My take: Tea Party/Trump has destroyed their position on the right, and so moderate R's are retiring or becoming D's as the Overton window shifts.
Up until 2016 at least, the Dem/GOP party elites are basically soft/hard neoliberals, and have co-opted the messaging of their respective sides of the political spectrum.
For the Democrats, that means the Greens, feminists, and so on, and for the Republicans: white Christians, dog-whistle racists and social reactionaries.

I realize I'm generalizing here and no offense is intended to anyone who isn't a a racist or reactionary.
If you're still with me so far and interested in Virginia politics, I'd like to point you to Jeff Thomas's excellent book about the subject. I consider it required reading: amazon.com/Virginia-Polit…
Describing Virginia politics since 2000, Mr. Thomas wrote: “In economic policy, whether an R or a D abutted a name was irrelevant, and there was only one party: the money party.”
The root of our problem is that Democrats and Republicans are essentially the same, differing only on social issues. Obviously, this applies less at the local level than it does at higher levels of electoral politics.
"The ‘Virginia Way’, our system of lax ethics rules which assumes that our representatives are honest and upstanding, is a corrupt system of political influence in which our state government is a wholly-owned subsidiary to corporate interests..."
"..namely Dominion Power and Altria, at the expense of the citizenry. We are one of a handful of states that allow unlimited campaign contributions, which, coupled with a low-paying part-time salary for legislators, practically requires crony capitalism to function effectively."
I could go on about how this relates to our current lack of leadership with the ACP and the #standwithred situation, but I want to talk about how this relates to the 2018 elections. I think everyone knows who I'm working for this cycle -- check my profile bio if not.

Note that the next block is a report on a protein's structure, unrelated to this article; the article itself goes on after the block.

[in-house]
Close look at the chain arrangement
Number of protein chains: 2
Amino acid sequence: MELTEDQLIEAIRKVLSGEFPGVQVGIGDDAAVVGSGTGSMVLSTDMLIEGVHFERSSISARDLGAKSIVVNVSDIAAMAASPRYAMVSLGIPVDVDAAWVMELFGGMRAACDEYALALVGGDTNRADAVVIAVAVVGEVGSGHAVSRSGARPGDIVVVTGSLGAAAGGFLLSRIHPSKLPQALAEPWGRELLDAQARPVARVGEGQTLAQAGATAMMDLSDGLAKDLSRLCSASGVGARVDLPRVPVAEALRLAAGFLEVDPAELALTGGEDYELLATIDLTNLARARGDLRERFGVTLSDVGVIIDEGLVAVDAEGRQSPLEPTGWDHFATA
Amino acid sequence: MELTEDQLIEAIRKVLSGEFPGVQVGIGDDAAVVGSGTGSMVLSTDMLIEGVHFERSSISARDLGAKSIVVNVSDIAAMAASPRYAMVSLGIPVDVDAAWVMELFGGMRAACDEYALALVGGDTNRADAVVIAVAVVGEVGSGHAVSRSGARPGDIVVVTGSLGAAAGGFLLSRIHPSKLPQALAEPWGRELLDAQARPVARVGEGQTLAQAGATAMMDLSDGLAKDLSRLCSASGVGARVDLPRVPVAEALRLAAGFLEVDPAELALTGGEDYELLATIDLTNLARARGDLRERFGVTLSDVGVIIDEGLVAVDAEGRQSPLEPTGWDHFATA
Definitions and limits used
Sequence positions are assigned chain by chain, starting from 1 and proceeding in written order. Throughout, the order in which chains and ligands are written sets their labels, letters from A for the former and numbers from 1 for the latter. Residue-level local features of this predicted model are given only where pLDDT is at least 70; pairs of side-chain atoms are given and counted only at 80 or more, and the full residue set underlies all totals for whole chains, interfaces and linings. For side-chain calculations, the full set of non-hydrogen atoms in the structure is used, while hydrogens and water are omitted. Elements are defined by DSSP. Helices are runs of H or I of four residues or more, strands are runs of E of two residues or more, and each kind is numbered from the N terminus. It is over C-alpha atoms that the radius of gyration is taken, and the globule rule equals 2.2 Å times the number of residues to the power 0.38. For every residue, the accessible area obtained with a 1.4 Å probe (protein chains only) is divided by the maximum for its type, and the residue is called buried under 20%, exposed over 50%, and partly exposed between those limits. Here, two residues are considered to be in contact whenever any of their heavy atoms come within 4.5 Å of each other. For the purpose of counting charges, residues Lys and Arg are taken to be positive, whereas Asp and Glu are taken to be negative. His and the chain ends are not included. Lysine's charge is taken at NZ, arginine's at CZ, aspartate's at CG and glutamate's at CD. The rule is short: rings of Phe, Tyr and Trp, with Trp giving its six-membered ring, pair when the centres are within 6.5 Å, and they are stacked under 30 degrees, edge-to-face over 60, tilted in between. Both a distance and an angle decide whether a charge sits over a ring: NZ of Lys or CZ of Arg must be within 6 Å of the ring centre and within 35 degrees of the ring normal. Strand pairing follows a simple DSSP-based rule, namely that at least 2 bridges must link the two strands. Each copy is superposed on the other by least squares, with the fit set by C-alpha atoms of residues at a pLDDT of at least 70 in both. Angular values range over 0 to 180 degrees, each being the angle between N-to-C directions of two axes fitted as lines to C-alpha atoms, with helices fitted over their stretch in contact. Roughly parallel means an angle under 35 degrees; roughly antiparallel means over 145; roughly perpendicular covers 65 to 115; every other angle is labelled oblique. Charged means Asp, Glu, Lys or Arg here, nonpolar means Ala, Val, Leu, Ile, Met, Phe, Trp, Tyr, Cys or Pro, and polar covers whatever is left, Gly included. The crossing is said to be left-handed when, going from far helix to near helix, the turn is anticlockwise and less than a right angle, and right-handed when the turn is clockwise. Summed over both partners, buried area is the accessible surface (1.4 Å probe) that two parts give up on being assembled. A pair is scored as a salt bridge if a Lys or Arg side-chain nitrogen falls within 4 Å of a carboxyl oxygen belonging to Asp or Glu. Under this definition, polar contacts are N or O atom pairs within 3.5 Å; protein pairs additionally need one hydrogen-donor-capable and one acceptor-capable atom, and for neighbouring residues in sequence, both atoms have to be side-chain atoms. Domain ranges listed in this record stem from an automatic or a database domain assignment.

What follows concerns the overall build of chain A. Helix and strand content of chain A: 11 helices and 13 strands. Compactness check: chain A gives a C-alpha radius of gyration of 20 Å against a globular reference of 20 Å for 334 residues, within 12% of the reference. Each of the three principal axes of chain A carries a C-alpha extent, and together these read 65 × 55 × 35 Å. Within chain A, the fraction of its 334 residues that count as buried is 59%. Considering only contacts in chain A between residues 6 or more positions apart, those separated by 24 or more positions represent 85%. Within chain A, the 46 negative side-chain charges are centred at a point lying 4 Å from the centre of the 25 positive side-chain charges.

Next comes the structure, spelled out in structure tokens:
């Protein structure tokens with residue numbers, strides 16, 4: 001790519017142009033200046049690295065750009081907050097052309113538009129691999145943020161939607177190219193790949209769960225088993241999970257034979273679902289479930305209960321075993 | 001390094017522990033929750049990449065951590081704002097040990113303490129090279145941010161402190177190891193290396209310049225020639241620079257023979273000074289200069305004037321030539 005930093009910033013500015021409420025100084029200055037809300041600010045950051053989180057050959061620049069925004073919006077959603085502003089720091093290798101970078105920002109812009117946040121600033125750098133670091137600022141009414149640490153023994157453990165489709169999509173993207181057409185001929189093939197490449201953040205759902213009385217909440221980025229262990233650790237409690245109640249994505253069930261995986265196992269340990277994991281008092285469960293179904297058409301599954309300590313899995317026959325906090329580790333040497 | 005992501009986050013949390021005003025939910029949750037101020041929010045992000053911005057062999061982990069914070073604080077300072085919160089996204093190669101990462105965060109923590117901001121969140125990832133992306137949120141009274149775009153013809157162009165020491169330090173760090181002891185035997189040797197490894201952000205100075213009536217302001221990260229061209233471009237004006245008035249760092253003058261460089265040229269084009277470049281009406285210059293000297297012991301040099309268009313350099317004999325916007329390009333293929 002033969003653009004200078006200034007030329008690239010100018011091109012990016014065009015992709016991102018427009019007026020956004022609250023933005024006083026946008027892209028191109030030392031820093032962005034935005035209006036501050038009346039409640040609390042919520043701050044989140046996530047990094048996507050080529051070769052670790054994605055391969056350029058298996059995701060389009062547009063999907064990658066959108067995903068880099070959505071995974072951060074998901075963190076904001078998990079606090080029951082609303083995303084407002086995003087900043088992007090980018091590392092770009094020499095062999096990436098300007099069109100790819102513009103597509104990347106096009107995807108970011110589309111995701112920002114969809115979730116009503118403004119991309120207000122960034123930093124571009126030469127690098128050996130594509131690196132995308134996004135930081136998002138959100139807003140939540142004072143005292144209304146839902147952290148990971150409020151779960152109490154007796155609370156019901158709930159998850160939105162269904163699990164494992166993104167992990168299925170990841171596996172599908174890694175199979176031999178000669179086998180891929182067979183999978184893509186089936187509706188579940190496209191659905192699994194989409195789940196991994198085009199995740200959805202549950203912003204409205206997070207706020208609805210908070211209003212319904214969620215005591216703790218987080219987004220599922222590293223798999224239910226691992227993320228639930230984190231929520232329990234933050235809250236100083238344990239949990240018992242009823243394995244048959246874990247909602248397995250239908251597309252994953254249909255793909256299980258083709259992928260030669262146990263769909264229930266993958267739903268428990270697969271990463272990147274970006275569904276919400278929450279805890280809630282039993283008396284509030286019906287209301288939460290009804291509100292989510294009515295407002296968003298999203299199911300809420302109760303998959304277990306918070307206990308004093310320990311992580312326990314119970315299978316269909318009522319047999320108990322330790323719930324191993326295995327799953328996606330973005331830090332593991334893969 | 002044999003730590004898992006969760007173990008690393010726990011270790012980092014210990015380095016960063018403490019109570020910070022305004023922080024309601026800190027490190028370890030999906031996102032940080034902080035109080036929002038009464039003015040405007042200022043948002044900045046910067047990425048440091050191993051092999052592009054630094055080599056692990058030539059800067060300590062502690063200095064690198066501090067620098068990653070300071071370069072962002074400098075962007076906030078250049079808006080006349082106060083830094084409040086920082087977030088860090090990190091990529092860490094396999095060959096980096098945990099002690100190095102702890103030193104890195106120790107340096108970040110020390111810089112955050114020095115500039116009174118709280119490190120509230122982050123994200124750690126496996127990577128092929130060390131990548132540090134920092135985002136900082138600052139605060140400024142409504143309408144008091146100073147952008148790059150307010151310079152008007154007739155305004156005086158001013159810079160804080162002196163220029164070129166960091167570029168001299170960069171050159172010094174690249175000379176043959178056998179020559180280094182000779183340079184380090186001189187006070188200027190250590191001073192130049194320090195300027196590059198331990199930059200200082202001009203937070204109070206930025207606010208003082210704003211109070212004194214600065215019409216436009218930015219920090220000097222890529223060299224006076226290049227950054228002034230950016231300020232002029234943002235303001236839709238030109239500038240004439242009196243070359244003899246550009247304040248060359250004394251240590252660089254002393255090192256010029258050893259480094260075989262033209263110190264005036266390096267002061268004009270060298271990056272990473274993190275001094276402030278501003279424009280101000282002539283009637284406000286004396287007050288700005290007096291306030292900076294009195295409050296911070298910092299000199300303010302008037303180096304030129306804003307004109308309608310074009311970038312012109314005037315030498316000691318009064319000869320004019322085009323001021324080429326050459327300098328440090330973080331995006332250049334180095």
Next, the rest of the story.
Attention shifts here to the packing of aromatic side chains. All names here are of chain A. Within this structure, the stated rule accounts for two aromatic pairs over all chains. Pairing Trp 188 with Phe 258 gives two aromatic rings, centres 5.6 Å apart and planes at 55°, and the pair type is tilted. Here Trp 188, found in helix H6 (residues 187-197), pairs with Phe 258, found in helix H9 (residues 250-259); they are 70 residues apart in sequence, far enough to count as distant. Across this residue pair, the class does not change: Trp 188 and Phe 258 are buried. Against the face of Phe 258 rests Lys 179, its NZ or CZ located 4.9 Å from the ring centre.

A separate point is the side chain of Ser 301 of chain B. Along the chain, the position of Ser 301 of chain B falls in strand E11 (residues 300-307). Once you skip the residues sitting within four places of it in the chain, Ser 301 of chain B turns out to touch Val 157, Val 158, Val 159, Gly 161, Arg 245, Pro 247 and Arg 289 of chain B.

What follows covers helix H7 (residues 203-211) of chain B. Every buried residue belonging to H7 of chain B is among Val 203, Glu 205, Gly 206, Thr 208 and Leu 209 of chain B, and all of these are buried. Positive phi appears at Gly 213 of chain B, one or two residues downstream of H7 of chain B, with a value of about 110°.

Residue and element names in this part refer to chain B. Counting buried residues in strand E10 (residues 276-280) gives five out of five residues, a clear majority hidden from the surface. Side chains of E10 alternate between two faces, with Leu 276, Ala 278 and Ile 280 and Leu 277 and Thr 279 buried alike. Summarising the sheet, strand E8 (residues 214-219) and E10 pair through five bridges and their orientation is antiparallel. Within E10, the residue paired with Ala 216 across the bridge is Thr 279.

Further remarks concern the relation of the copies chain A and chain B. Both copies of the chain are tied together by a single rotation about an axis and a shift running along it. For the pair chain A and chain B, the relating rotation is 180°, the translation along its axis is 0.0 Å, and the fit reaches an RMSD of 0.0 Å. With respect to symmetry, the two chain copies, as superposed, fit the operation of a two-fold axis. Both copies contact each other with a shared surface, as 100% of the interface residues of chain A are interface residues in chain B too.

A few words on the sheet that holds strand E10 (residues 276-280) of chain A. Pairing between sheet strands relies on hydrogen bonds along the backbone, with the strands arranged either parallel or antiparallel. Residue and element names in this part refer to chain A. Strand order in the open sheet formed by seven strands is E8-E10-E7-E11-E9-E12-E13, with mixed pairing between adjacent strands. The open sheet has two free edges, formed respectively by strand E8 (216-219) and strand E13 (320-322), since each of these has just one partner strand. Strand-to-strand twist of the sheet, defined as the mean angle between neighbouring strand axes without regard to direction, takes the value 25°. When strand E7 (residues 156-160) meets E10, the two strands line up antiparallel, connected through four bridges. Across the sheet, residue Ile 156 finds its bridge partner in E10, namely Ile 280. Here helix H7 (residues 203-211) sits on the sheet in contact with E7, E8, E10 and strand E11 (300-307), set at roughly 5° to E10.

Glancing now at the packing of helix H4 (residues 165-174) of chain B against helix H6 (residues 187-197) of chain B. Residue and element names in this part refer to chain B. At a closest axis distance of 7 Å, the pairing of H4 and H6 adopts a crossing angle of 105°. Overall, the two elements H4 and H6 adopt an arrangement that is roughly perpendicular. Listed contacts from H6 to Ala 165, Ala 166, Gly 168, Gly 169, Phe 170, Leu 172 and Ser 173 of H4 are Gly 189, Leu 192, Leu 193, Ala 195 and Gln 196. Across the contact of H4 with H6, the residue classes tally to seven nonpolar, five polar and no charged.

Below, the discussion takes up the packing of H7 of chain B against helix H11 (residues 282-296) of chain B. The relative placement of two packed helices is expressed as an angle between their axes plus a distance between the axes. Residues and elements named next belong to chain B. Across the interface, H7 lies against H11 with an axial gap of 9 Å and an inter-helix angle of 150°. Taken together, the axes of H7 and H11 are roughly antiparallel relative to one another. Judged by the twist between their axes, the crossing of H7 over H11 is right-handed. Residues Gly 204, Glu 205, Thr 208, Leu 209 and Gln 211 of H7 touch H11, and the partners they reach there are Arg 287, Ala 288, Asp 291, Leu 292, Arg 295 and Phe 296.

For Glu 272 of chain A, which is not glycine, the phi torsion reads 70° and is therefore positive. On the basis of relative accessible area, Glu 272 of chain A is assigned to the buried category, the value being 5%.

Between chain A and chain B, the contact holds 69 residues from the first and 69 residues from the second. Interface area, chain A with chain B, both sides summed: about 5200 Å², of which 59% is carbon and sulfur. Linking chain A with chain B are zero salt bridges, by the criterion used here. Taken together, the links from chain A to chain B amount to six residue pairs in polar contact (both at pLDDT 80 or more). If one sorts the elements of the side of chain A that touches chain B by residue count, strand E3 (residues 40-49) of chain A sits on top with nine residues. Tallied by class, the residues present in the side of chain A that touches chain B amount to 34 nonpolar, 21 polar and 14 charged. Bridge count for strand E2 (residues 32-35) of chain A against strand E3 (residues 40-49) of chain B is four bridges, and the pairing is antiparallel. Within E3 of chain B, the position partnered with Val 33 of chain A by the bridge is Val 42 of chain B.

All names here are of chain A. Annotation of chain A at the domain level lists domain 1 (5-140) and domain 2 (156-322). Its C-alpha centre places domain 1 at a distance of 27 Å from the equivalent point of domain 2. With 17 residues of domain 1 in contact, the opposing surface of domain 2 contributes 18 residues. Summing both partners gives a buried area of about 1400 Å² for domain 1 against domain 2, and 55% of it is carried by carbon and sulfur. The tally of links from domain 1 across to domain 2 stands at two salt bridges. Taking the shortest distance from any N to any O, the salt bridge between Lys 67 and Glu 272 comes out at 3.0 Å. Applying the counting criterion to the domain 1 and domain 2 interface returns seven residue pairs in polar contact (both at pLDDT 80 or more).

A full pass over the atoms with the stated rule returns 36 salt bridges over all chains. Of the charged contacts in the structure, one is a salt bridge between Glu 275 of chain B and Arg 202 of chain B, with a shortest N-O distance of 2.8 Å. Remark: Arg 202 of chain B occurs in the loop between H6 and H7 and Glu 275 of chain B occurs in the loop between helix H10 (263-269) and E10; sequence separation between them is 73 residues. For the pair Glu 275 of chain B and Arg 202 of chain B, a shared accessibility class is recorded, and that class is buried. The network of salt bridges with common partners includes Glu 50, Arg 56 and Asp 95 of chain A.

And I'm really frustrated with some of my progressive allies in #VA02 who are taking sides with someone who does not represent progressive values like the #fightfor15, union solidarity and #MedicareForAll.
I understand the argument that #VA02 is a leans-R district, but we went from +4 Trump in 2016 to +4 Northam in 2017 with a +10 D average for all the special elections since Trump's election. Progressives don't need to be timid this cycle.
The establishment -- AKA the DCCC -- seems to have a horrible track record lately. Their main criteria for candidate selection seems to be based off of fundraising ability and moderate positioning on the issues.
And based on their activities nationwide, it seems that they would rather lose to a Republican in the general than a Progressive in the primary.
If you're still reading, THANK YOU. I started this tweetstorm after hearing someone say that we had TWO great progressive candidates in #VA02. We don't.
We have a progressive and a centrist. Either one would be better than our current GOP rep, but I think that accountability makes a big difference here.
If the DCCC-backed candidate wins we won't be closer to solving progressive economic issues. We may all be on the same page with @PPAVirginia and #gunreformnow, but there are fundamental differences on healthcare, wages, and military foreign policy that we need to consider.